Resources for Teaching Relationship More Effectively
Consistent with the training recommendations set forth by the Task Force and with my personal desire to more systematically integrate relationship factors into classroom instruction, I embarked on a project to translate evidence-based relationship principles to teaching and learning, along with my collaborator Dr. Michael J. Constantino, on behalf of Division 29. This project consists of a series of videos titled, Teaching and Learning Evidence-Based Relationships: Interviews with the Experts, and is a companion project to the third edition of Psychotherapy Relationships that Work, Edited by John Norcross and Michael Lambert. The videos can soon be found on the division’s web site (https://societyforpsychotherapy.org/teaching-learning-evidence-based-relationships/), and will be posted in installments.
The overall goal of the project is to translate relationship research to teaching and learning, from the classroom context to clinical supervision. The videos consist of interviews with experts on different aspects of the therapeutic relationship and how to apply relationship research to clinical training. They are appropriate for supervisors, instructors, and students. In these interviews, I had the pleasure of speaking with various authors in the upcoming book, Psychotherapy Relationships that Work, edited by J. Norcross and M. Lambert. These authors briefly reviewed their meta-analytic findings, gave practical suggestions on how to apply their research findings on the relationship to the classroom context and clinical training, discussed resources for relationship teaching, and suggested readings, videos, and other teaching tools. Perhaps most helpful for me personally, these authors/interviewees talked about their own struggles in teaching the relationship to trainees and how they have dealt with these challenges. They also offer future suggestions and steps for us to take as relationship researchers, practitioners, and educators.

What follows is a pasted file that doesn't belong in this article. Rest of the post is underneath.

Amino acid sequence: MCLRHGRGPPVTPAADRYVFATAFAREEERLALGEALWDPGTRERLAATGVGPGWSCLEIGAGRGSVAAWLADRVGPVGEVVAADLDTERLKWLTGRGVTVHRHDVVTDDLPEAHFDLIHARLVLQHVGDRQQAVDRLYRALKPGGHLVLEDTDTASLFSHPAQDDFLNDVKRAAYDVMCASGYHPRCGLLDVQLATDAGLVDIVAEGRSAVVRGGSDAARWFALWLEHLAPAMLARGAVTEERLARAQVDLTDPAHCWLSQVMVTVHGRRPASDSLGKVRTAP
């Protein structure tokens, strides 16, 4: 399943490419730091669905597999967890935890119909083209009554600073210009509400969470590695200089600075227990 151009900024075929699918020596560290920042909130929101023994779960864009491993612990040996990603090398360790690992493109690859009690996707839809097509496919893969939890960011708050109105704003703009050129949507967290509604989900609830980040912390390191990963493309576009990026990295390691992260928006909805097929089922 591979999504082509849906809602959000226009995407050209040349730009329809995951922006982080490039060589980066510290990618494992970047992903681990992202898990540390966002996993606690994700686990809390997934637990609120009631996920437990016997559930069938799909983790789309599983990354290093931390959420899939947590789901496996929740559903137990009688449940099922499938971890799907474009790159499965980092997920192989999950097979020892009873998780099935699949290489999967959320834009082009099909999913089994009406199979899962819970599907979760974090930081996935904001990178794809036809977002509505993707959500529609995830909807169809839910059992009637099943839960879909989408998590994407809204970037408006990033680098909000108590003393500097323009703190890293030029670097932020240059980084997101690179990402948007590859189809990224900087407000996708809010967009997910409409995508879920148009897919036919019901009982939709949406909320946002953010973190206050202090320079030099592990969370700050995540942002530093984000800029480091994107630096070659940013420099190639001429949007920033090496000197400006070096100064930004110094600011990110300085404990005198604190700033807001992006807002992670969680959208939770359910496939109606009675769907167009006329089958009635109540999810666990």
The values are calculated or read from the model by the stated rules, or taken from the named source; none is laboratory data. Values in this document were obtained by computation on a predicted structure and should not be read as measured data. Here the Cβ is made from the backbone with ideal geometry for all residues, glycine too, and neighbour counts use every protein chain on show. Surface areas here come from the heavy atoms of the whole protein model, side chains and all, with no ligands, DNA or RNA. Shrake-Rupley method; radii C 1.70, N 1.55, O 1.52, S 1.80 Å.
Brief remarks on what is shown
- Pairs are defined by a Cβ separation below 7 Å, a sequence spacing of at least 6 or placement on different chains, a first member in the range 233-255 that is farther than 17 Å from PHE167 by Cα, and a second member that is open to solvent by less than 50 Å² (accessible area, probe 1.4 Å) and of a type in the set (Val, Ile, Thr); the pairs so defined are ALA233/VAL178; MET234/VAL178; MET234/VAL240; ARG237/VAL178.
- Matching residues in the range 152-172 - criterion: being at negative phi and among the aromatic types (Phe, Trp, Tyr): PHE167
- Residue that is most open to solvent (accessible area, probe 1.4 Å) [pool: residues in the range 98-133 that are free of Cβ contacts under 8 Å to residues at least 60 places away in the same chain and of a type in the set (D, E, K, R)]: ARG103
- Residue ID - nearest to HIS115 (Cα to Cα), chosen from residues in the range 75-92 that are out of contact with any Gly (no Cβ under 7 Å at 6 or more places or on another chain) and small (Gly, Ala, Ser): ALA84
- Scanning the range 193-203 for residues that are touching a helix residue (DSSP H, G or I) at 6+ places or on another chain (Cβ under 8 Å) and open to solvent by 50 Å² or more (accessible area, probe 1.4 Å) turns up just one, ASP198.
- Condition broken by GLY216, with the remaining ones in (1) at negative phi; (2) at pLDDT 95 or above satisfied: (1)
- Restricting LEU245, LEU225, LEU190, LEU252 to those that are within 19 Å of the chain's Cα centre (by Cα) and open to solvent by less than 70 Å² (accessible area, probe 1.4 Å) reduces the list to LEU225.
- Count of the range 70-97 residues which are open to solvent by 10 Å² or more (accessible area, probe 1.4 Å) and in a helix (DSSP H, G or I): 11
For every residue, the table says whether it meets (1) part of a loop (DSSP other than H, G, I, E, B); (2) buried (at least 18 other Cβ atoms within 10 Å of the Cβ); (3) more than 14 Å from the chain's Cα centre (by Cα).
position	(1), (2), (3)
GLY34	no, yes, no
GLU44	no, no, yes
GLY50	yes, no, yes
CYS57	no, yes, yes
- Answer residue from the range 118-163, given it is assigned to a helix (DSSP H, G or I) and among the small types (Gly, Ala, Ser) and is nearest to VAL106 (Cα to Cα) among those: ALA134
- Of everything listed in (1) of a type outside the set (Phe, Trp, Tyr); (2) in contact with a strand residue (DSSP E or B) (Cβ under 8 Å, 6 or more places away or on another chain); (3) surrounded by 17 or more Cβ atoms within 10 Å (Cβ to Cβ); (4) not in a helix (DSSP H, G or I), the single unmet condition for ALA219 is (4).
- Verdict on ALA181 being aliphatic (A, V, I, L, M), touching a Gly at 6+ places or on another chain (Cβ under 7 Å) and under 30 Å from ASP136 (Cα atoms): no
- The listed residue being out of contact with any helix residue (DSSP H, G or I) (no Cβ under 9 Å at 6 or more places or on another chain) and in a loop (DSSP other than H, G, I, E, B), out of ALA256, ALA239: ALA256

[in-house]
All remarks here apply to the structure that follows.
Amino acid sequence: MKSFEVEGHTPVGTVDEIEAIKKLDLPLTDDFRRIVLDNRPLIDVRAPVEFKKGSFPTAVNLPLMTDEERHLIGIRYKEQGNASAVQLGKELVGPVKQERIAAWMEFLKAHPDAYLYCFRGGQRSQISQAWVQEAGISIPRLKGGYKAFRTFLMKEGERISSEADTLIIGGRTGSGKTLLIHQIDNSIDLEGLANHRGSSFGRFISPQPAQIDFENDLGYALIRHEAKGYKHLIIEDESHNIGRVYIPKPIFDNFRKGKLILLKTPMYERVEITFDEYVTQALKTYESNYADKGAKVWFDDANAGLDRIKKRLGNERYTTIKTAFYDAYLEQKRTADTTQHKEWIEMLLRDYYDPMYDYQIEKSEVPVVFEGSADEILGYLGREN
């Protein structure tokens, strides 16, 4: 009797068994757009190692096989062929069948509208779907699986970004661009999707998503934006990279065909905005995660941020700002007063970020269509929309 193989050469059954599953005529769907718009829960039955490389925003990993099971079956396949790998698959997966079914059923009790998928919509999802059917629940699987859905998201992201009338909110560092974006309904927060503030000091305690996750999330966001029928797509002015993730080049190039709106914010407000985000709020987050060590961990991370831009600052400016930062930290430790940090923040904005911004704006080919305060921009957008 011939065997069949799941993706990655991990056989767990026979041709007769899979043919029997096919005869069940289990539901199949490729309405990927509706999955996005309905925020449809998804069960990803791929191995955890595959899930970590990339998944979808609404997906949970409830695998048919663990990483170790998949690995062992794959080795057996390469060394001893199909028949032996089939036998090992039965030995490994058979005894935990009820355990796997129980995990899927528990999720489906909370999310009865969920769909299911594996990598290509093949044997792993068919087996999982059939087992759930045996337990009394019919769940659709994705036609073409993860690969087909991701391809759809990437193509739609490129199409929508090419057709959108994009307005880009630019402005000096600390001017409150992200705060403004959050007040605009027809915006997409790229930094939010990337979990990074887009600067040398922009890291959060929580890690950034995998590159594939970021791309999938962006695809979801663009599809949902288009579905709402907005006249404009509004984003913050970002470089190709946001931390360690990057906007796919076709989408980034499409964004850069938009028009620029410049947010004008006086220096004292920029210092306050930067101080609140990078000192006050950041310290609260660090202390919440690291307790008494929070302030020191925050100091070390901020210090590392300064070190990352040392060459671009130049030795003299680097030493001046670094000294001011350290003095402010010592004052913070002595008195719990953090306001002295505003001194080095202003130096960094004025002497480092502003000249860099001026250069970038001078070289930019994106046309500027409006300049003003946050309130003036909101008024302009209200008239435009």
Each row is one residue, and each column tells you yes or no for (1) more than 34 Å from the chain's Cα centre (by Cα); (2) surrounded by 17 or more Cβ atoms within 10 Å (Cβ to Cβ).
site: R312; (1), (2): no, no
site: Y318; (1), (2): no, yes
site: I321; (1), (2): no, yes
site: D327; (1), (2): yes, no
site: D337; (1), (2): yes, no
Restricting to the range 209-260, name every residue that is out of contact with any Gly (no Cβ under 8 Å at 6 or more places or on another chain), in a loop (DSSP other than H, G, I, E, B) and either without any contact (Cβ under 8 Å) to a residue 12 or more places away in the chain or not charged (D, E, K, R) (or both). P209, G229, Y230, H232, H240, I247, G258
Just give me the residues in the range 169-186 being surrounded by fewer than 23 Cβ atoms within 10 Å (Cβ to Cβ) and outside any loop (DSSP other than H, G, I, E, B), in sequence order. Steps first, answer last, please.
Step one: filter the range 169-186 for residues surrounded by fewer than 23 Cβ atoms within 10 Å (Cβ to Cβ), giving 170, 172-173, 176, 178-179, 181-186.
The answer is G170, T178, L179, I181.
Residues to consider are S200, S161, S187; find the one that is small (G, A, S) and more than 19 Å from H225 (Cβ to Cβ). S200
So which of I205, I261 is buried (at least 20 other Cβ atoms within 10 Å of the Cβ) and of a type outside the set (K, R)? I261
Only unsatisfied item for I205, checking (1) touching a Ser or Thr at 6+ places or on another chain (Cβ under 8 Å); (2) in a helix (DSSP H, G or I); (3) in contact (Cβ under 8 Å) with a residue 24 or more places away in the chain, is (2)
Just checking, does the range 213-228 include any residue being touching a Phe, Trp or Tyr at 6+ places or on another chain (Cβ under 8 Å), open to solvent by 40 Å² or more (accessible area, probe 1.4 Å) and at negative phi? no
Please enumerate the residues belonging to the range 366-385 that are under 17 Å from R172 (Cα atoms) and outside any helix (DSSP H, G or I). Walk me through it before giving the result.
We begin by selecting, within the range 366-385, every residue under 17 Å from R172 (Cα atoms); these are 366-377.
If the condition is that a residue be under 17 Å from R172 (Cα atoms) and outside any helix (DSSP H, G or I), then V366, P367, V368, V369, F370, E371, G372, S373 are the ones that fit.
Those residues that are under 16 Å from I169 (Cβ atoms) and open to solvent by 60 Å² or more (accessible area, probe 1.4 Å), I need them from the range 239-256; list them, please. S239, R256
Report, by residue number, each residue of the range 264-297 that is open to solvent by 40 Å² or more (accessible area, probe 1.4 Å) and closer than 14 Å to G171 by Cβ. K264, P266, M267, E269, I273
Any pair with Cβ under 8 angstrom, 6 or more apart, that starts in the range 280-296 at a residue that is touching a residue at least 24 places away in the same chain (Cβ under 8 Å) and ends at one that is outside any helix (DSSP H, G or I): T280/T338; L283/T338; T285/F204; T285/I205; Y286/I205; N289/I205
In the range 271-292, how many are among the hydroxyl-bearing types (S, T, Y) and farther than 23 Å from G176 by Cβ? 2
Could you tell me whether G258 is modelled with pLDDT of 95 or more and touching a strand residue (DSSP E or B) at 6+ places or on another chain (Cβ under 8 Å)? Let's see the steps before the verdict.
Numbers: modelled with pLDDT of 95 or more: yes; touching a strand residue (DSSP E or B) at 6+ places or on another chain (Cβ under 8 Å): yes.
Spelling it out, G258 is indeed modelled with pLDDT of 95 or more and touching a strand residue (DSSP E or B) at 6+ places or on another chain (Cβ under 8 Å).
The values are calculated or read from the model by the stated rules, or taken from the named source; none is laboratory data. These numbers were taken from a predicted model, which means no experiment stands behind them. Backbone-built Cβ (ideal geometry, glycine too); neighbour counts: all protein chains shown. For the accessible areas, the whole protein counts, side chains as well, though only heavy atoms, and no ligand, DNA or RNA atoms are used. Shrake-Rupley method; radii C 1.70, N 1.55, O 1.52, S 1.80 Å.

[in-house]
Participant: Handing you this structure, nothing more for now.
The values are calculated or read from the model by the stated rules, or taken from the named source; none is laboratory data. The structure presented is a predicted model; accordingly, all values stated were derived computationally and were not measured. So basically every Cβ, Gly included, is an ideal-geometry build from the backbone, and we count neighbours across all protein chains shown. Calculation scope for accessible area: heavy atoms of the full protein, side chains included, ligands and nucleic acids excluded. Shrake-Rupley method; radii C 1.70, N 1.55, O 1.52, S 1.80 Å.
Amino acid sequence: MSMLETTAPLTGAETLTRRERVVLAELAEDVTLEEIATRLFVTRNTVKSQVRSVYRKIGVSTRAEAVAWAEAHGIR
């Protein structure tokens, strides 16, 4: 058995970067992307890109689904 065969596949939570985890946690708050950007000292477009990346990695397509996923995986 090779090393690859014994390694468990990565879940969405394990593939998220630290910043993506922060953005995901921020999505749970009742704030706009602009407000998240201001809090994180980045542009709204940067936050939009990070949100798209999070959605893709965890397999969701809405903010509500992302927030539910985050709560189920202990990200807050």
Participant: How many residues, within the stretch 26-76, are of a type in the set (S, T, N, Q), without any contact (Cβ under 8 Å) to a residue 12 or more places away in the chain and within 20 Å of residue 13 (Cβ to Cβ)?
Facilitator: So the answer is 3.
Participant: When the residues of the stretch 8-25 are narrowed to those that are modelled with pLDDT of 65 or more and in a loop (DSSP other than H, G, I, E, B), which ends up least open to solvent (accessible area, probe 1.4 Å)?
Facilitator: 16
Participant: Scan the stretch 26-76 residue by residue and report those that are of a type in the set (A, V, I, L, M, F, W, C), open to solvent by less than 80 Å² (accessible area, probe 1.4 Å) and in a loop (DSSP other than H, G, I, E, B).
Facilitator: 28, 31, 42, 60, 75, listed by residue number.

Some common recommendations for teaching evidence-based relationship principles that have emerged from the interviews thus far include:
- Use varied didactic and experiential teaching methods including readings, videos, and role play assignments.
- Encourage students to make mistakes and explore their fears of inadequacy, failure, and loss of control.
- Instructors should consider giving personal examples of successful and unsuccessful relationships with clients.
- Encourage peer and instructor feedback on role plays and taped sessions of student work.
- Have students complete instruments that measure various relationship factors based on “good” and “bad” sessions.
- Explore through readings and case examples how the different relationship factors are inter-related in the clinical context.
We hope that these videos will help educators, supervisors, and students continue to have this conversation, as, together, we wrestle with how to best teach competencies in evidence-based relationships to the next generation of psychotherapists.
Cite This Article
Markin, R. D. (2018). Teaching and learning evidence-based relationships: A division 29 initiative to apply relationship research to clinical training. Psychotherapy Bulletin, 53(4), 13-15.
Gelso, C. J., Kivlighan, D. M., Jr., & Markin, R. D. (2018). The real relationship and its role in psychotherapy outcome: A meta-analysis. Psychotherapy, 55(4), 434-444. http://dx.doi.org/10.1037/pst0000183